Ah yes, the economy. No just loading up on Ore and spamming a zillion Prism Tanks here, you’ve got a full economy to look after in AOE2 – many different buildings for many different units, built by a thousand villagers. Those same villagers will be breaking their backs for hundreds of years gathering food, wood, stone and gold to keep everything running. You’ll be researching technologies, ruling the lands seas, building walls, advancing through the ages, training mixed armies and generally trying to keep on top of a million and one different things.
Don’t let that put you off though, you needn’t feel overwhelmed and stressed. Take a breather and go into one of the most comprehensive and brilliant Map Creators ever, and build yourself a Custom Scenario or Campaign. You can also tackle the Single Player Campaigns, or get yourself a load more Custom Maps and Scenarios by taking the game online.
Ah yes, the online mode, another huge factor in AOE2’s success. When I was playing, the first online game I’d ever played, you’d used to log onto what was the MSN Gaming Zone to get a game going. This was also pre-broadband, so I had to play either after 6PM, or on weekends, and if any slag called our home phone during the game, then that was it, I was gone. Didn’t matter if you were nearly two hours into a game, you were at your phone’s mercy in the dial-up days. Luckily the phone was downstairs, or I’d have flung that too when someone called.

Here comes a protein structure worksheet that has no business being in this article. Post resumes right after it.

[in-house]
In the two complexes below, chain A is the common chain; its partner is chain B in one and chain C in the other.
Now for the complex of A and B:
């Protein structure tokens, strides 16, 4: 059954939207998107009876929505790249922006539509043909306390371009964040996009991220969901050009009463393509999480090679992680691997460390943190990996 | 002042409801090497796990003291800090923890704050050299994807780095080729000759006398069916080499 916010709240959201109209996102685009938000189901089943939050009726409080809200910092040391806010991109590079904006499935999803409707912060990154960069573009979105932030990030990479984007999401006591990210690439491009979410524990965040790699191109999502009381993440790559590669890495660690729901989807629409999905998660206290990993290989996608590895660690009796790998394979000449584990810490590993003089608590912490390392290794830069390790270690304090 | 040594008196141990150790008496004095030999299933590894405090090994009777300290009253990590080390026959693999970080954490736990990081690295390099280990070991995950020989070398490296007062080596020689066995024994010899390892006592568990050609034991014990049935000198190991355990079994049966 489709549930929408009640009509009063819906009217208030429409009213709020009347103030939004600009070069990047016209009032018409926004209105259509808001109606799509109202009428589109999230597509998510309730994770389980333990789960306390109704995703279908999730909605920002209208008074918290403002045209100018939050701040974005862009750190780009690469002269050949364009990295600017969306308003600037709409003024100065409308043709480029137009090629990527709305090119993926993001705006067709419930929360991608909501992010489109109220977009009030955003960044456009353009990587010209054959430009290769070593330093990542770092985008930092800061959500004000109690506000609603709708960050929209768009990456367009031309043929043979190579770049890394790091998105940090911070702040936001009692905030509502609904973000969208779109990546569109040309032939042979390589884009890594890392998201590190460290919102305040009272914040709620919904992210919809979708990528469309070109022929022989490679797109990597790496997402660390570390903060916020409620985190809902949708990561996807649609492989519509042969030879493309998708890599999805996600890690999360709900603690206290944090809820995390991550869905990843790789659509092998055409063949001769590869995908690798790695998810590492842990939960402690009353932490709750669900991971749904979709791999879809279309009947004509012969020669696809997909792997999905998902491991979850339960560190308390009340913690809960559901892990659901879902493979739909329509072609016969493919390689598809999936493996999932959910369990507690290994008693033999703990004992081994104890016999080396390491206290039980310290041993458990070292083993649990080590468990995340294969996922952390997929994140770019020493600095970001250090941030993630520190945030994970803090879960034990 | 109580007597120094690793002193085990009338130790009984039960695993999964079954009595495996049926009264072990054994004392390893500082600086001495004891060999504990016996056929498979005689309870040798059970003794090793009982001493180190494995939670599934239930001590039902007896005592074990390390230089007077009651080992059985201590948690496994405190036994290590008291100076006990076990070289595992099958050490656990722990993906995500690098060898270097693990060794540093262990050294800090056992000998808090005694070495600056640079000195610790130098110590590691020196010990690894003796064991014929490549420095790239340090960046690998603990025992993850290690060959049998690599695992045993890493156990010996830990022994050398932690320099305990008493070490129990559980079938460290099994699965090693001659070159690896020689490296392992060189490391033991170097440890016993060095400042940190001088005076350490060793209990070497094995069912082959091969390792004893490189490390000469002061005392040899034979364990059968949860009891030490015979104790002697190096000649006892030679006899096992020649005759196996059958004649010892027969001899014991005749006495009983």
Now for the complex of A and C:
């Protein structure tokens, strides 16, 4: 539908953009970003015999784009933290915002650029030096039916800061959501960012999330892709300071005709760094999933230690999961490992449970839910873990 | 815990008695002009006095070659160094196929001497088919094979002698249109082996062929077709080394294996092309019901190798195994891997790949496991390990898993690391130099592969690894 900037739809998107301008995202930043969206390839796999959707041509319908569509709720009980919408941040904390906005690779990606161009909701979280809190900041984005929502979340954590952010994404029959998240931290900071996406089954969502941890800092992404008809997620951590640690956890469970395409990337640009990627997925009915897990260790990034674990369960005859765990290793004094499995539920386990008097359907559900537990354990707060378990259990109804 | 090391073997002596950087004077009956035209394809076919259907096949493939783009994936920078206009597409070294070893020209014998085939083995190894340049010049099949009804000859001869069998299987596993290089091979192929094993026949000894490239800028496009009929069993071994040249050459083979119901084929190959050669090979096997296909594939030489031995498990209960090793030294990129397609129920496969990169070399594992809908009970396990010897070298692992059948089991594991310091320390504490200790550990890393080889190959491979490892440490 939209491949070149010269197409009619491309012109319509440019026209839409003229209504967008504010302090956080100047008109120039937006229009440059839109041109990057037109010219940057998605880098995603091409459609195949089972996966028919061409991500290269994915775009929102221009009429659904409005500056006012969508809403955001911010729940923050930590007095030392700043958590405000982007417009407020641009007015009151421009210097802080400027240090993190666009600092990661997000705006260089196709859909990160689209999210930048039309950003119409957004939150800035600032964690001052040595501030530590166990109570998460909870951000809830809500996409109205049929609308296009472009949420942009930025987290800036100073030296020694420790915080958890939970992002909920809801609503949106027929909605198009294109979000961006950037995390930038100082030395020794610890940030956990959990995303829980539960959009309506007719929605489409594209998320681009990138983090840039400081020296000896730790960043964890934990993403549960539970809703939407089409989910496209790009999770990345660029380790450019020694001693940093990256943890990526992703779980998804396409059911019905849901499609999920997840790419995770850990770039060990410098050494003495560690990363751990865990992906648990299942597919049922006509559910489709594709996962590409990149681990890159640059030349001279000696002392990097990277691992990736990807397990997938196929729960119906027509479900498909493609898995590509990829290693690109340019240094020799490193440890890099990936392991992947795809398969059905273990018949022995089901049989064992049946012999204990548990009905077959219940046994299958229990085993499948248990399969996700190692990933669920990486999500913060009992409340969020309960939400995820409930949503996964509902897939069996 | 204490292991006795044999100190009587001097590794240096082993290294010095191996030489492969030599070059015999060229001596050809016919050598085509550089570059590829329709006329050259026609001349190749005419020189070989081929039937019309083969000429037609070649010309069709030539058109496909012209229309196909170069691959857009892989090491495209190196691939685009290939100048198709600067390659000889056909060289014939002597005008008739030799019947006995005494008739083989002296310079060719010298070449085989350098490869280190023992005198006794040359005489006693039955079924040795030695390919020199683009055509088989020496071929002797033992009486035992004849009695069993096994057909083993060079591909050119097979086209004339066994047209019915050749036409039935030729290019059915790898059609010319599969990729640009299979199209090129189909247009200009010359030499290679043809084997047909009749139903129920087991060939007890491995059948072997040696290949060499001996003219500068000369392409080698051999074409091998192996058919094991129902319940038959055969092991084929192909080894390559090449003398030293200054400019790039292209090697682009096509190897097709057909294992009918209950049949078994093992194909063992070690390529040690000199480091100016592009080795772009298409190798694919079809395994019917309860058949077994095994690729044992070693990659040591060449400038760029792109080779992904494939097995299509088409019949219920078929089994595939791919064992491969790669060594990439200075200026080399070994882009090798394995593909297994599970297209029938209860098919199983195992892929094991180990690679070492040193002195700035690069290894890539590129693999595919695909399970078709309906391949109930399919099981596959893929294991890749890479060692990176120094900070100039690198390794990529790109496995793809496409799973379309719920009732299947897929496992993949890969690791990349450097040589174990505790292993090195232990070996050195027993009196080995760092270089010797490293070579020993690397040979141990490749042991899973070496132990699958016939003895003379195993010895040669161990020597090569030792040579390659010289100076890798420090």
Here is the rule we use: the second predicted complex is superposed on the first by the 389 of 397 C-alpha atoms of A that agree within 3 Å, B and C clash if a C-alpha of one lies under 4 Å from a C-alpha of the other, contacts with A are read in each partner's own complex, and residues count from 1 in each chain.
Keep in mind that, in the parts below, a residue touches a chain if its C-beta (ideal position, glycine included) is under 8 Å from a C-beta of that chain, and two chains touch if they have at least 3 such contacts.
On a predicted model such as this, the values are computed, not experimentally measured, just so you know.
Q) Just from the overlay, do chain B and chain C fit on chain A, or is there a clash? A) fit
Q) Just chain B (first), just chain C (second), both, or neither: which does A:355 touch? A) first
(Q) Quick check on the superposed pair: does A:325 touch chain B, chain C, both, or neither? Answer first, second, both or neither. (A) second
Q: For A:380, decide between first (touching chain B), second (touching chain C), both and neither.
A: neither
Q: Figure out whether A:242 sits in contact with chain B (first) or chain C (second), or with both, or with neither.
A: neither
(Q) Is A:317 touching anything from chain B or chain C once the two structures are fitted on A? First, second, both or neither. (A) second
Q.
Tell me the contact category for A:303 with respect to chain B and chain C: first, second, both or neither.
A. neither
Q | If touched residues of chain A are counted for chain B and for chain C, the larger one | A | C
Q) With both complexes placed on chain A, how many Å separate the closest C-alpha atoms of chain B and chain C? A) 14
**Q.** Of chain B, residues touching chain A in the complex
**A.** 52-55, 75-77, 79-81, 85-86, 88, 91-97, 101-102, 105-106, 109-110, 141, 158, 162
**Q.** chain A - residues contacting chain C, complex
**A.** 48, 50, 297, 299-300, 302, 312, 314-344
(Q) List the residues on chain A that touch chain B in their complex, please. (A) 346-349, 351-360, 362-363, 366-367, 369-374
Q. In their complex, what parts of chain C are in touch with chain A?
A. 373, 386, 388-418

That was in the bad old days of online gaming, of course. Nowadays with high-speed, always on internet and Steam, this is all sorted out. Better than that, AOE2 has been updated for a new age – firstly, in 2013 with a HD remaster, including new civilizations and units into the bargain. And not only that, a full remastered Definitive Edition in 2019 with lovely graphics, animations and even more content, plus ongoing patches, DLC and updates, and a still thriving online scene.
Even when Age of Empires III came out, and probably the next five Age of Empires games after that, nobody cared. Everyone was still bet into this game, and we have been for the last 20+ years. Jesus, never mind that first PC we got back in 1999, a machine outfitted with Age of Empires II would still be a selling point today.
This is one of those rare games that you cannot pick a single legitimate flaw in. Even the soundtrack is a stone-cold classic, the graphics on lesser editions still look good, and the balance between civilizations is brilliantly and sensibly worked out. You can even learn a few pub quiz questions in the included History section, not as nerd-birthingly detailed as the Civilopedia, but it’s there.
That’s why, when it comes down to it, I don’t actually mind losing a battle in Age of Empires II. Even losing is a pleasure in this game, which is surely loser talk, but the trip is as good as the destination. I’d be happy to just sit there in peace, working on making my base as beautiful as possible, and not even go to war, and in fact I can do that if I want. They’ll still be playing Age of Empires II in 20 more years, you know, I’ll guarantee you that. They’ll probably still be rustling up new civilizations and units to keep it all going. This is a game I absolutely love, and even though I’m still a noob some two decades later, I can accept that now. After all, this is the game that never loses.
22 April 2022